And most Germans have alow opinion of the British too as backward, under-achievers who live in the past and glory in Sunday afternoon re- runs of Sink the Bismarck, Colditz, and The Battle of Britain.
Now these stereotypes, hardened by the beef war, are to be investigated by academics, politicians and business people to promote better relations. An international conference on the war of insults between the two countries, to be held in Cardiff, host city for next year's European Summit, will debate how to bring about a ceasefire in the sniping.
Conference organiser, Dr Rainer Emig, a German academic working at Cardiff University, says the British image of Germans is wrong. "The image is of a cold, abstract thinker who is complex with no sense of humour. We talk and think in an incredibly long-winded way and we are an aggressive, imperialistic force, still dangerous and still planning to take over the world.
"What is worrying to me is why so many people here watch television on Sundays when there are all war and post war propaganda films on which portray all Germans as Nazis. I think that represents an unwillingness to accept that things have changed."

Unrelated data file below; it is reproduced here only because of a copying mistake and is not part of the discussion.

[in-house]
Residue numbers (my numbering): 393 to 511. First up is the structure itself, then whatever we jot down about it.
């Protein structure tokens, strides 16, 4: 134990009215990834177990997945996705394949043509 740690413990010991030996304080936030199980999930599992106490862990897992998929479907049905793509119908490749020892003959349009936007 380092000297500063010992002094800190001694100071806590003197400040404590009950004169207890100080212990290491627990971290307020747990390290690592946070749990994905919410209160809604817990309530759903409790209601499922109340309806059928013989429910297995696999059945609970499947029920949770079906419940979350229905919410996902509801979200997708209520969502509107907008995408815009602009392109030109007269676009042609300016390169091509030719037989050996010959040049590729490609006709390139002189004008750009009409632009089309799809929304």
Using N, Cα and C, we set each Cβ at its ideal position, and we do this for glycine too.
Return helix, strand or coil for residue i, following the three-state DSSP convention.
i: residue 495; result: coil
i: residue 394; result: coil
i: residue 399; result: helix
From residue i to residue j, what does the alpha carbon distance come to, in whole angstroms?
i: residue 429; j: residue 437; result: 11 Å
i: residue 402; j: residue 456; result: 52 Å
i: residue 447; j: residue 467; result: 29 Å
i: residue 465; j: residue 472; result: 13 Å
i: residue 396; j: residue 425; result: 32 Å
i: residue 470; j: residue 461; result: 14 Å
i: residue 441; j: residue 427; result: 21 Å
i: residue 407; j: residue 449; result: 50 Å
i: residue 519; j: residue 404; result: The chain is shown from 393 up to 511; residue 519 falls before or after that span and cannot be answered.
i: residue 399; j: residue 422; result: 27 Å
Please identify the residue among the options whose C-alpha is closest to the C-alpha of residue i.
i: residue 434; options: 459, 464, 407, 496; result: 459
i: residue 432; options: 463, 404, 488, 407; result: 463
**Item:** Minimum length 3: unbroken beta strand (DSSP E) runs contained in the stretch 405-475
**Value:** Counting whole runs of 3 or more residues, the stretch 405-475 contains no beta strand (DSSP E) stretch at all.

He says that the German image of the average Briton is a less aggressive one: "We see the British as cultured, sophisticated, but at the same time harmless, incompetent, eccentric, charming, backward, and not living in the present but in grandiose notions of the past."
He points out that the stereotype is basically an English one rather than a British one: "It's about country houses, Jane Austen, living in the past."
A key area for debate in the conference is likely to be German humour, or the lack of it. One tip from Dr Peter Collett, Oxford University research psychologist and author of Foreign Bodies, is that jokes that do go down well in Germany tend to centre on anal humour.Reuse content